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Thinking about Journalism with Superman
Unformatted Document Text:  Thinking about Journalism with Superman 13 “Prankster” managed to copyright the alphabet. A Superman historian describes the consequences: “Immediately the nation is thrown into a panic as everyone has to pay the Prankster exorbitant royalties whenever they wish to write something. The Daily Planet is faced with the prospect of going broke; skywriters are suddenly out of work, not to mention typists, librarians, novelists. . . . Civilization teeters on the verge of total collapse because—as even Superman is forced to admit—the Prankster‟s racket seems totally legit. Not until the Prankster breaks the law by trying to kill Clark and Lois can Superman intervene.” 75 In such ways, Superman has been used to think about the dangers of power operating beyond institutional restraints. He also has been used to reflect upon the dangers of operating too comfortably within institutional restraints. The more mainstream post-1940 Superman increasingly became emblematic of the status quo. According to critics, “[Jerry] Siegel‟s original vision of Superman was radically subverted, with a vapid establishmentarian hero substituted in his place”; as a result, “fans of the Man of Steel will find few, if any, examples of their hero exercising his powers to bring about the real and lasting improvement of the human condition.” 76 That is partly due to storytelling imperatives—if Superman brought about real and lasting improvement, there would be nothing left for him to do and no rationale for his continued existence. (“Don‟t ever get involved with something Superman could fix,” a screenwriter once advised Christopher Reeve.) 77 Regardless, Superman has come to represent what Umberto Eco called “a perfect example of civic consciousness, completely split from political consciousness.” 78 He still dispenses justice by responding to a never-ending stream of calamities and dispatching one bad guy after another, but he does little to redress underlying systemic inequities, and thus he upholds the status quo. As one critic has put it, “Superman may be `the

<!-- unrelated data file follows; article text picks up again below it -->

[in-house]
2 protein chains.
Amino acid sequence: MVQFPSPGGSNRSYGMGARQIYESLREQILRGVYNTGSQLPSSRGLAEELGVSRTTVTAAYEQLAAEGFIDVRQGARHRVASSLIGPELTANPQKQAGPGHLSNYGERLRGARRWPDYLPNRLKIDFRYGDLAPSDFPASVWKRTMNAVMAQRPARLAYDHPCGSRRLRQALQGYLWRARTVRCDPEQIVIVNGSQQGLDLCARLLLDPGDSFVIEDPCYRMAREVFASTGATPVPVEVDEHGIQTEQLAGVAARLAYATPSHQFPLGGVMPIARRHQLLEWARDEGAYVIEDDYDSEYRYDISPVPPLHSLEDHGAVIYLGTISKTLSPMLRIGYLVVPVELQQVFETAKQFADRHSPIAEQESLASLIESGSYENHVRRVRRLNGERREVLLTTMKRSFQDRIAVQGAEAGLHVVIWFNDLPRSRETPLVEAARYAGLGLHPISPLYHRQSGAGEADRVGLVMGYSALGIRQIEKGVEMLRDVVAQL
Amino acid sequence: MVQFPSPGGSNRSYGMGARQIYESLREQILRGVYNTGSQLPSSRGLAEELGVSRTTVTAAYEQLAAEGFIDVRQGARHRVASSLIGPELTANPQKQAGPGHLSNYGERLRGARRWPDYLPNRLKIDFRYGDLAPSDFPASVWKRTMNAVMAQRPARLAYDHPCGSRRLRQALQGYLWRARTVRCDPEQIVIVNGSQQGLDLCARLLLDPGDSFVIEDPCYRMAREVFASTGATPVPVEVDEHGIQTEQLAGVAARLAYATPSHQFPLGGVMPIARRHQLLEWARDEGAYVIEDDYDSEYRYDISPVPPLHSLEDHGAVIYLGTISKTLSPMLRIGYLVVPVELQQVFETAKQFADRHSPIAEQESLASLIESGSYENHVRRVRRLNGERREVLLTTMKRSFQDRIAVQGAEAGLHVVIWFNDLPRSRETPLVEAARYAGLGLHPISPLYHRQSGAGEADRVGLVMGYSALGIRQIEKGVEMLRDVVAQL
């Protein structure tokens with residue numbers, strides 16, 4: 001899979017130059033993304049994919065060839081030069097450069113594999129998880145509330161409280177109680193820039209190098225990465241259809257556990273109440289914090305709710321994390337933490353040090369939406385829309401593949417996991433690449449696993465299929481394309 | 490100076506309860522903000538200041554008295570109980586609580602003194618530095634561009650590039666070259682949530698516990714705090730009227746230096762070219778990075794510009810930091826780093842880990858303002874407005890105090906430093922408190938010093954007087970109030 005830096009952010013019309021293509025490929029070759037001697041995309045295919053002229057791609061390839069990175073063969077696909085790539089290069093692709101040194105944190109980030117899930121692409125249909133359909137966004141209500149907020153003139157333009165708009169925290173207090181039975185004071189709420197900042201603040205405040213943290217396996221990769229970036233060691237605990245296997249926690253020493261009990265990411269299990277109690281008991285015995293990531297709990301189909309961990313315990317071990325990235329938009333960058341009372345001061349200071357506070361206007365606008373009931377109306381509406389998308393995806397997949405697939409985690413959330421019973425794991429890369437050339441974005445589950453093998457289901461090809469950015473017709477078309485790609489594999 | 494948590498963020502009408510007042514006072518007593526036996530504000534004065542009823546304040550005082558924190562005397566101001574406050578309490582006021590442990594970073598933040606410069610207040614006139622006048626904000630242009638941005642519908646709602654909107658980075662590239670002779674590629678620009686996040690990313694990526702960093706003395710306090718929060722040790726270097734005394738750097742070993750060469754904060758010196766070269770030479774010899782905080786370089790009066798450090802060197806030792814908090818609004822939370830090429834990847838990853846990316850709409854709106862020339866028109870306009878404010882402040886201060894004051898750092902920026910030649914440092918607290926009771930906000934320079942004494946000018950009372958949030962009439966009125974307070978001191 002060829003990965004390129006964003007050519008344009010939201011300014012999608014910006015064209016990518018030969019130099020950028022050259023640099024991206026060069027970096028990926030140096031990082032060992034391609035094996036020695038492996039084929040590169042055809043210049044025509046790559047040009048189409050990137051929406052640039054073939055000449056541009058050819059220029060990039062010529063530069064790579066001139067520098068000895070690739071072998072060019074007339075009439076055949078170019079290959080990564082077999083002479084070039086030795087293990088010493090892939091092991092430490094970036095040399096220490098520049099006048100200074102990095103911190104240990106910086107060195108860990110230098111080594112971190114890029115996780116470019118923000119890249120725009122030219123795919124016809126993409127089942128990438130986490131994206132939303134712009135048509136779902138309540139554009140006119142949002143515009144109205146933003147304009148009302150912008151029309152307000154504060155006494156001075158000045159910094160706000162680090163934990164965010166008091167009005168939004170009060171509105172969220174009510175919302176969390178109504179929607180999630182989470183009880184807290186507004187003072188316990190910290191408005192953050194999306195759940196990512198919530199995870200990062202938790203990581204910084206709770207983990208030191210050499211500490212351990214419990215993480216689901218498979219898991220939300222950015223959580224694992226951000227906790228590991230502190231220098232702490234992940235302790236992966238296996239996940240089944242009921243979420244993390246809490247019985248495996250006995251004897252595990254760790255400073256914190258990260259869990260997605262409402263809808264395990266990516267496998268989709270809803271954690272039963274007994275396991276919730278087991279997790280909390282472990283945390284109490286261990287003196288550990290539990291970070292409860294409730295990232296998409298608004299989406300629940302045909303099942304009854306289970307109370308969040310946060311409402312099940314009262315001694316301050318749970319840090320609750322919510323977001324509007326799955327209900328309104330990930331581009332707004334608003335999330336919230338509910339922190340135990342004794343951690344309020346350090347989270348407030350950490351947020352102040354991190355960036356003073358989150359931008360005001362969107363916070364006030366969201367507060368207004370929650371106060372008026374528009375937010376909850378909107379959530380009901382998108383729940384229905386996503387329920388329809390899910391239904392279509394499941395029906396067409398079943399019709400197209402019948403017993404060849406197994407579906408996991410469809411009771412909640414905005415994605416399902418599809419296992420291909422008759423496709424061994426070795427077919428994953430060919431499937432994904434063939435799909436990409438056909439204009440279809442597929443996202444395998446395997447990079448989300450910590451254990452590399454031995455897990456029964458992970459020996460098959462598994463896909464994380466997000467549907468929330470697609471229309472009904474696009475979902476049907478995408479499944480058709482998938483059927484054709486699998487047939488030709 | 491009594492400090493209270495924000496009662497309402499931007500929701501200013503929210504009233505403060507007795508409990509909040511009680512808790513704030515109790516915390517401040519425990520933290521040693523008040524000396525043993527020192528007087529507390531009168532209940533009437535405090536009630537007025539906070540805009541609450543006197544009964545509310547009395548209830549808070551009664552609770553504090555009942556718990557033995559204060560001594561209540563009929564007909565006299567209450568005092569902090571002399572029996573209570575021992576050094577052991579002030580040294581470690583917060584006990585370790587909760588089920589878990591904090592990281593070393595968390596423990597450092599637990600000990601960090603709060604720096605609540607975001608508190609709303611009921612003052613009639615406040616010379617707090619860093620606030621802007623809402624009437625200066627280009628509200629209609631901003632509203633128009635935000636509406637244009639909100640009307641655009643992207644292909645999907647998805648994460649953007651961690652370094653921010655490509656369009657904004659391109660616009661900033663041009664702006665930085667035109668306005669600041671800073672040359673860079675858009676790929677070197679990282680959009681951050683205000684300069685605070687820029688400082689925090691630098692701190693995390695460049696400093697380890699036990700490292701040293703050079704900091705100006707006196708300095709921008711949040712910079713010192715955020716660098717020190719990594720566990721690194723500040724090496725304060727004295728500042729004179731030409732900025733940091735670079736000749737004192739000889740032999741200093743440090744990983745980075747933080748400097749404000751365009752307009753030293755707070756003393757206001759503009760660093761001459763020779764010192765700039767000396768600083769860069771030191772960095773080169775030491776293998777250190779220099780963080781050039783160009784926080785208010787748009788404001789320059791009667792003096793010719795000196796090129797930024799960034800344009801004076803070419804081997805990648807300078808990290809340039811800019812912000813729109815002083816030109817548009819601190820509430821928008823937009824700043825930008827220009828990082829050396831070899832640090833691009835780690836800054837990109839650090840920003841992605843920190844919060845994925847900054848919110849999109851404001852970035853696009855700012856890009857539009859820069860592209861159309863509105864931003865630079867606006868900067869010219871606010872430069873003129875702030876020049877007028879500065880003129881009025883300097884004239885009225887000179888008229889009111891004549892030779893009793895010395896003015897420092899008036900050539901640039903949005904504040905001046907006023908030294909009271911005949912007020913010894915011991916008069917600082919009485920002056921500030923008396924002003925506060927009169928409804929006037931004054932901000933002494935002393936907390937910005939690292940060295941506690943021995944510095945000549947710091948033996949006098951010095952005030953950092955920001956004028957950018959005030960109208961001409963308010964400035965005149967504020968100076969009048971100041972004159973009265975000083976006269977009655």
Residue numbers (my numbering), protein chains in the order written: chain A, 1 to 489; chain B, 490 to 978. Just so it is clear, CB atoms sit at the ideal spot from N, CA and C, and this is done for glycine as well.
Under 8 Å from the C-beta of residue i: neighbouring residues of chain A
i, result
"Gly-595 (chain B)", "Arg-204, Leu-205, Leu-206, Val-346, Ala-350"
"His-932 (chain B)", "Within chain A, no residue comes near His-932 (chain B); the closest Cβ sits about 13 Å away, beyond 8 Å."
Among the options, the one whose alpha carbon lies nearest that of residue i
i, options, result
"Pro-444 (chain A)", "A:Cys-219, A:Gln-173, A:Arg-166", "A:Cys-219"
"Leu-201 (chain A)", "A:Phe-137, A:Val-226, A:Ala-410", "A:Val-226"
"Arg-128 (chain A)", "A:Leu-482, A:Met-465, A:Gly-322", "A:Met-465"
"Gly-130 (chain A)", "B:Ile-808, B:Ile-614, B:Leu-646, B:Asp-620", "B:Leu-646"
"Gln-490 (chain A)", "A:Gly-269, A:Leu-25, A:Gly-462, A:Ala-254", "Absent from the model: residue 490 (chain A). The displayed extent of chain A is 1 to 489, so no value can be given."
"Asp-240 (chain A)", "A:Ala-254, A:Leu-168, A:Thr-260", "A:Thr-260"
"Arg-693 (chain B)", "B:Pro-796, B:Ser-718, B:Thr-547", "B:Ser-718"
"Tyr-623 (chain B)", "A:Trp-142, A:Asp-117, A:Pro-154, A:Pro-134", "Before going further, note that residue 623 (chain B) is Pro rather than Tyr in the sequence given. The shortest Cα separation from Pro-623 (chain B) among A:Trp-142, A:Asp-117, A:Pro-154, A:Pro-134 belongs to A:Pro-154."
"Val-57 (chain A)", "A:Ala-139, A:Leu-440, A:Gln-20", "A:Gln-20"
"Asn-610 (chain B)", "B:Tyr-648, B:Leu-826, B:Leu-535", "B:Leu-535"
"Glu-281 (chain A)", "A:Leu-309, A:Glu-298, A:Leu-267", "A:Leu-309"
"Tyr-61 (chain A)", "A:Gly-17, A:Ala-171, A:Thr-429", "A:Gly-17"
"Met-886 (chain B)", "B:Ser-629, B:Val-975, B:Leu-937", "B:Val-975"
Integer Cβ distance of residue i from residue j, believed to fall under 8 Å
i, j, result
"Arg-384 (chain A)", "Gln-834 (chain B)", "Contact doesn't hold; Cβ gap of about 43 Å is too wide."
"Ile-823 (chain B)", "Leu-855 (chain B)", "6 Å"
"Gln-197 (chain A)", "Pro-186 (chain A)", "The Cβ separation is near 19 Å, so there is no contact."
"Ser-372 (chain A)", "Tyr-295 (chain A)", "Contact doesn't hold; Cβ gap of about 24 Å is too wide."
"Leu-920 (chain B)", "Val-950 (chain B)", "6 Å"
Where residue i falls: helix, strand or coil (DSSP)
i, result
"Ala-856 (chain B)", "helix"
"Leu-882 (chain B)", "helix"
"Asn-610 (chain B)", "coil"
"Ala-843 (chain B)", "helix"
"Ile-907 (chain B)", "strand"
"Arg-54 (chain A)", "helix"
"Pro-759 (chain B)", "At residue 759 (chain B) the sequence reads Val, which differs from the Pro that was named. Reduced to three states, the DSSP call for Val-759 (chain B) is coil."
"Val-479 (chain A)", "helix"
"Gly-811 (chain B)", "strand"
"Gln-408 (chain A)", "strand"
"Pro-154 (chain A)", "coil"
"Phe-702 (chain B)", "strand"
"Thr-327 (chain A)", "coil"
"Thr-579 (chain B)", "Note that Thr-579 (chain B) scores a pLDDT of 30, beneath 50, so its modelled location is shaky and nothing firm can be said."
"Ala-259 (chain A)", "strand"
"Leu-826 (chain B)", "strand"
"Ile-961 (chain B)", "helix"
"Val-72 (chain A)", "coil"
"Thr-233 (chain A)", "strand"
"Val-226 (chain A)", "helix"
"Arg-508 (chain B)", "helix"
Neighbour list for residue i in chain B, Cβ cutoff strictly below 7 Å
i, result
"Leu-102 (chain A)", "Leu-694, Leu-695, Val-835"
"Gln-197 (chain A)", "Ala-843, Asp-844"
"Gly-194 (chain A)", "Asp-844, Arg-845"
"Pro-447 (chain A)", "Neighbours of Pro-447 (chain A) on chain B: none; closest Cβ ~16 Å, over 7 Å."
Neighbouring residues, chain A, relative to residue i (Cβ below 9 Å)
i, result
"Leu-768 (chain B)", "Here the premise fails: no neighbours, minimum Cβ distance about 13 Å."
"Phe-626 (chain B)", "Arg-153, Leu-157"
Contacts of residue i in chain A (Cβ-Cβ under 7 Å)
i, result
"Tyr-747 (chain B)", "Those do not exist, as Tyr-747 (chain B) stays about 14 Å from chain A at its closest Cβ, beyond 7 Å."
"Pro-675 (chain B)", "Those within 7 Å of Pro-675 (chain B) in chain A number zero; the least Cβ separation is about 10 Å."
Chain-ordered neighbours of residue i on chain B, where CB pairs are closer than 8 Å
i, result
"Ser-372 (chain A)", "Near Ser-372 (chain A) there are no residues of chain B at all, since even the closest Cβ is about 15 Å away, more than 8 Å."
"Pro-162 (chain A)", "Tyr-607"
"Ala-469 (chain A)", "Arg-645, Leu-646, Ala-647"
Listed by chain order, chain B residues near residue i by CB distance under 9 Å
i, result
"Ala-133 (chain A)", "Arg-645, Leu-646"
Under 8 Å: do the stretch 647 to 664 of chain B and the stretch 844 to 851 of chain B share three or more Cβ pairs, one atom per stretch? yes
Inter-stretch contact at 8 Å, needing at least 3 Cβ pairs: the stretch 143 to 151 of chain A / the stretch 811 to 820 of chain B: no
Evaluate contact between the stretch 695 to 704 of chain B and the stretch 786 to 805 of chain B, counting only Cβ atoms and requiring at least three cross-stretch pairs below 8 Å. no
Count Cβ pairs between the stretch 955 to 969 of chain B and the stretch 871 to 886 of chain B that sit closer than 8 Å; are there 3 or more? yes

Authors: Ehrlich, Matthew.
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Thinking about Journalism with Superman 13 
“Prankster” managed to copyright the alphabet. A Superman historian describes the 
consequences: “Immediately the nation is thrown into a panic as everyone has to pay the 
Prankster exorbitant royalties whenever they wish to write something. The Daily Planet is faced 
with the prospect of going broke; skywriters are suddenly out of work, not to mention typists, 
librarians, novelists. . . . Civilization teeters on the verge of total collapse because—as even 
Superman is forced to admit—the Prankster‟s racket seems totally legit. Not until the Prankster 
breaks the law by trying to kill Clark and Lois can Superman intervene.”
In such ways, Superman has been used to think about the dangers of power operating 
beyond institutional restraints. He also has been used to reflect upon the dangers of operating too 
comfortably within institutional restraints. The more mainstream post-1940 Superman 
increasingly became emblematic of the status quo. According to critics, “[Jerry] Siegel‟s original 
vision of Superman was radically subverted, with a vapid establishmentarian hero substituted in 
his place”; as a result, “fans of the Man of Steel will find few, if any, examples of their hero 
exercising his powers to bring about the real and lasting improvement of the human condition.”
That is partly due to storytelling imperatives—if Superman brought about real and lasting 
improvement, there would be nothing left for him to do and no rationale for his continued 
existence. (“Don‟t ever get involved with something Superman could fix,” a screenwriter once 
advised Christopher Reeve.)
 Regardless, Superman has come to represent what Umberto Eco 
called “a perfect example of civic consciousness, completely split from political 
 He still dispenses justice by responding to a never-ending stream of calamities 
and dispatching one bad guy after another, but he does little to redress underlying systemic 
inequities, and thus he upholds the status quo. As one critic has put it, “Superman may be `the 

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